21. The letter dated December 19, 1964, to the Chief Inspector of Mines, sent by the defendant and which, according to him, had been sent to Kishorilal Goenka has been adverted to by the learned judges and they are of the view that the copy of the letter sent by the Chief Inspector to Kishorilal does not refer to the defendant as a director of the company. The learned judges also refer to the fact that Bhagwati Debi has not filed any supporting affidavit to establish about the resolution of August 31, 1964, regarding the appointment of the defendant as a director. They also refer to the fact that the defendant himself has not given any particulars as to how exactly he lodged the transfer deed stated to have been executed in his favour by Bhagwati Debi in October, 1963. The learned judges are also of the view that if the defendant had really got a transfer of shares, as claimed by him, on October 30, 1963, he would have taken early steps to have the necessary changes effected in the books of the company and he would not have waited, as he has done, till November, 1966, for obtaining relief for rectification of the share register. Having due regard to the order of Mitra J., dated June 27, 1966, the learned judges have granted an order of interim injunction in terms of prayer (g) with the modification that the defendant will be at liberty to operate the banking accounts in terms of the order dated June 27, 1966. The learned judges have also made it clear that the order of injunction will not prevent the defendant from acting as agent or authorised attorney of Bhagwati Debi if she wants to appoint the defendant as agent or authorised attorney on her behalf. That is, the defendant has been restrained from functioning as a director of the company.

22. Mr. Sarjoo Prasad, learned counsel for the defendant-appellant, urged that the appellate court was not justified in reversing the order of the learned trial judge. Counsel urged that instead of considering whether the plaintiff had made out a prima facie case for the grant of an interim injunction, the entire burden had been cast on the defendant. The learned counsel also commented upon the fact that Kishorilal or any other director of the company had not come forward to controvert the allegations made by the defendant. He also urged that from 1964 the appellant had been functioning as a director as the various communications relied on by him would clearly show. These aspects have not been properly dealt with by the appellate court.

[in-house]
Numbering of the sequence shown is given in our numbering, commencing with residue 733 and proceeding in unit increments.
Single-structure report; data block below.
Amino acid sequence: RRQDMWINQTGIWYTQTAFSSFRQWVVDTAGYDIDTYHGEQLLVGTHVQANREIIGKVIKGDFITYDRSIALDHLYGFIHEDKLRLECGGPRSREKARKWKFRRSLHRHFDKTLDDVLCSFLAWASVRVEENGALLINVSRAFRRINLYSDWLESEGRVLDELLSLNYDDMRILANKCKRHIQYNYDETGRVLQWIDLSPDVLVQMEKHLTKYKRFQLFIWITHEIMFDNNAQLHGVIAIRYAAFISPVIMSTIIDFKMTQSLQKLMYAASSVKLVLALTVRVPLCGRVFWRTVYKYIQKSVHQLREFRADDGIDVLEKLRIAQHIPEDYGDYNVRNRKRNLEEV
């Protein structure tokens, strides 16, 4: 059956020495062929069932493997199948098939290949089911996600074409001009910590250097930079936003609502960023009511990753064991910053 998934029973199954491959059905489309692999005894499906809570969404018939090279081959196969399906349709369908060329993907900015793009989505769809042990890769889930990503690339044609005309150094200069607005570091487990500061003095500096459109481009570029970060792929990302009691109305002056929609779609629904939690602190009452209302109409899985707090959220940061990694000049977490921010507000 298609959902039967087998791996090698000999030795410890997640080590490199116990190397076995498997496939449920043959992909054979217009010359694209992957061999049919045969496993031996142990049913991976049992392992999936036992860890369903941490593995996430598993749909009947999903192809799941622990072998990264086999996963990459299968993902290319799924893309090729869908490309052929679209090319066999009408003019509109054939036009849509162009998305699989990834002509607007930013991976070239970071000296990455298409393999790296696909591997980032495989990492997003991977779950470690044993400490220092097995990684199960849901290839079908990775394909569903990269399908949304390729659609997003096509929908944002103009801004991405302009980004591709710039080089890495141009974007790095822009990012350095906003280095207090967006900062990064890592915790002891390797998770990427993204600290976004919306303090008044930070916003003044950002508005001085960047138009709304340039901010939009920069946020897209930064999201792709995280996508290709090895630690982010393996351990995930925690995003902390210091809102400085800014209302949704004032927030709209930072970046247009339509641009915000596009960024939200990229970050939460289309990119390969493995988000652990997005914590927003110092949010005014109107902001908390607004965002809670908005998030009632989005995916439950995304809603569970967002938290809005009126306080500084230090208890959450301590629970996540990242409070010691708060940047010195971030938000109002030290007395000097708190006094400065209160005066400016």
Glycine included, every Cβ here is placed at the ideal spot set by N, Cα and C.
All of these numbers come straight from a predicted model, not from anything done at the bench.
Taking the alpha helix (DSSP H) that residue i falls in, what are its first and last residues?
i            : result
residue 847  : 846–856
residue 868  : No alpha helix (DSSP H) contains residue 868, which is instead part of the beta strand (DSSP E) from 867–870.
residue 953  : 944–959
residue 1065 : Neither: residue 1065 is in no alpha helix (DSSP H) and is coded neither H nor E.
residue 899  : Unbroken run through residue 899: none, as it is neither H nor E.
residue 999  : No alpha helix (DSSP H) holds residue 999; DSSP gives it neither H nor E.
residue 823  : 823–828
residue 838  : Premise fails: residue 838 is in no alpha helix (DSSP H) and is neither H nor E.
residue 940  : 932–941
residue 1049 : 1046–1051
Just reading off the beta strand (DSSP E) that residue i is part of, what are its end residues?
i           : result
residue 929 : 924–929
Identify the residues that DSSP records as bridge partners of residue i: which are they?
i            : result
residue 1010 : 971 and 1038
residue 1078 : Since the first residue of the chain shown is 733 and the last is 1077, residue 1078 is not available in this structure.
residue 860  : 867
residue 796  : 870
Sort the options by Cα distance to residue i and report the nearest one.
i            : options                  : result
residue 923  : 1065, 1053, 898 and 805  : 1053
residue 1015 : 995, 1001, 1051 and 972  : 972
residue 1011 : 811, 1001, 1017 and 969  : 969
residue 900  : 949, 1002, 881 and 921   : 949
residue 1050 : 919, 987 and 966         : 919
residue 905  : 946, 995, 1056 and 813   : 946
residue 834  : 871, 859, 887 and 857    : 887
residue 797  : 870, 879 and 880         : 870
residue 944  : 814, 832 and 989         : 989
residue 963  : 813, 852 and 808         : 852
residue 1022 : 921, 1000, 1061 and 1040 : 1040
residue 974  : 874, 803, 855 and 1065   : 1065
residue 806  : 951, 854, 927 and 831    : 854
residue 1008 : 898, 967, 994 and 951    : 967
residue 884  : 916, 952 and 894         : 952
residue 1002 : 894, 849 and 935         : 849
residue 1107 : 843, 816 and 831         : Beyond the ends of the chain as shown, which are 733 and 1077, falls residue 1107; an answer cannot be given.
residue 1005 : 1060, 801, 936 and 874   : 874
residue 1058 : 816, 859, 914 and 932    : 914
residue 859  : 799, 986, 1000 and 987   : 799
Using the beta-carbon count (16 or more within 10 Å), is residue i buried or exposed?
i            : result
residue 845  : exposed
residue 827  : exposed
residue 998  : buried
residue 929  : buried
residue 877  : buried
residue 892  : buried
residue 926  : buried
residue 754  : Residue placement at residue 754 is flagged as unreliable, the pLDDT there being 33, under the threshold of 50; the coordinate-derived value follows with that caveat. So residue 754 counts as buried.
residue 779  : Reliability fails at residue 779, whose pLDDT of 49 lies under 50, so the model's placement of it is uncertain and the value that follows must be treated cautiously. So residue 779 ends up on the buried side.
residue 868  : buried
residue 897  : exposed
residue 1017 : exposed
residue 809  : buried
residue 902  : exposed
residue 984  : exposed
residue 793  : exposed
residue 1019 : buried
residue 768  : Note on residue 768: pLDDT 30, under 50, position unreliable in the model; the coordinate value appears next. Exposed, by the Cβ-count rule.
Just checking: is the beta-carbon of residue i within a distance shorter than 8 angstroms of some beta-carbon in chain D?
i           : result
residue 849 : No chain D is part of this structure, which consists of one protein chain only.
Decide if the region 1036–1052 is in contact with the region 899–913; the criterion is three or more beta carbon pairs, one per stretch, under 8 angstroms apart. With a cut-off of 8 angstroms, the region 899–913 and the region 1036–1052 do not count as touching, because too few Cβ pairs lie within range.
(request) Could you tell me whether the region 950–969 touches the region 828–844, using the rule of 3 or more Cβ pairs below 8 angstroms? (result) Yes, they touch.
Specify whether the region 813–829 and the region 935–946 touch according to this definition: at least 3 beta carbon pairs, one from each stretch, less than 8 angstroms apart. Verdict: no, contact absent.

23. Mr. Daphtary, learned counsel appearing for the company, has drawn our attention to the fact that the appellate court has made a very correct approach in considering whether the plaintiff has made out a prima facie case for the grant of injunction and it is from that point of view that the various items of materials placed before the court, by both parties, have been considered and a conclusion arrived at that the defendant must be restrained from functioning as a director.

24. We are not inclined to accept the contentions of Mr. Sarjoo Prasad. The learned trial judge has not directly considered the question, having due regard to the share registers and other documents produced by the company, whether the plaintiff cannot be considered to have prima facie established that the defendant is not a shareholder of the company and that he has not been validly appointed as a director of the company. When the whole question was whether the defendant was in law entitled to function as a director, the learned trial judge, instead of considering this important aspect, has given more weight to the fact that the defendant has been de facto functioning as a director. The learned trial judge was not also justified in brushing aside the share registers and other minutes books produced by the plaintiff to establish that the defendant was neither a shareholder nor had he been appointed a director. We are not able to appreciate the reasoning of the learned trial judge. The learned trial judge has been very much influenced by the order of Mitra J., dated June 27, 1966, and, according to the learned judge, this order practically recognises the defendant as a director. A close reading of the entire proceedings before the company court, which have been placed before us, will show that the order of Mitra J. has been passed without prejudice to the rights of the parties. In fact even the plaintiff restricted the relief for injunction under Clause (g) to the defendant being not allowed to. act as a director because of the fact that he has been allowed to operate the bank account under the orders dated June 27, 1966. When once from the records produced by the company it is evident prima facie at this stage that the defendant is not shown as a shareholder and that he has not been appointed a director, as claimed by him, and that Sunil Kumar Ganguli did not cease to be a director from August 31, 1964, in our opinion, the appellate court was perfectly justified in granting the injunction restraining the defendant from functioning as a director. The appellate court was also perfectly justified in drawing an adverse inference against the defendant about his having become a shareholder, having due regard to the fact that he had instituted a suit for rectification of the share register only as late as November 21, 1966, though he claimed to have obtained a transfer of shares as early as October 30, 1963. His plea that he delivered the transfer deed to Kishorilal Goenka and that the latter assured him that the necessary changes had been effected in the registers of the company, are all matters to be investigated in the trial of the suit.

25. We are in entire agreement with the conclusions arrived at, at this stage, by the appellate Bench as we are satisfied that a correct approach has been made by it for considering the matters arising at the interlocutory stage of the proceedings. The result is Civil Appeal No. 1412 of 1968 fails, and is dismissed with costs. As the merits have been gone into by us in Civil Appeal No. 1412 of 1968, the other appeal, C.A. No. 1413 of 1968, becomes unnecessary and that appeal is dismissed. We make it clear that we express no opinion on the order of the High Court, dated March 25, 1968, out of which C.A. No. 1413 of 1968 arises. There will be no order as to costs in C.A. No. 1413 of 1968.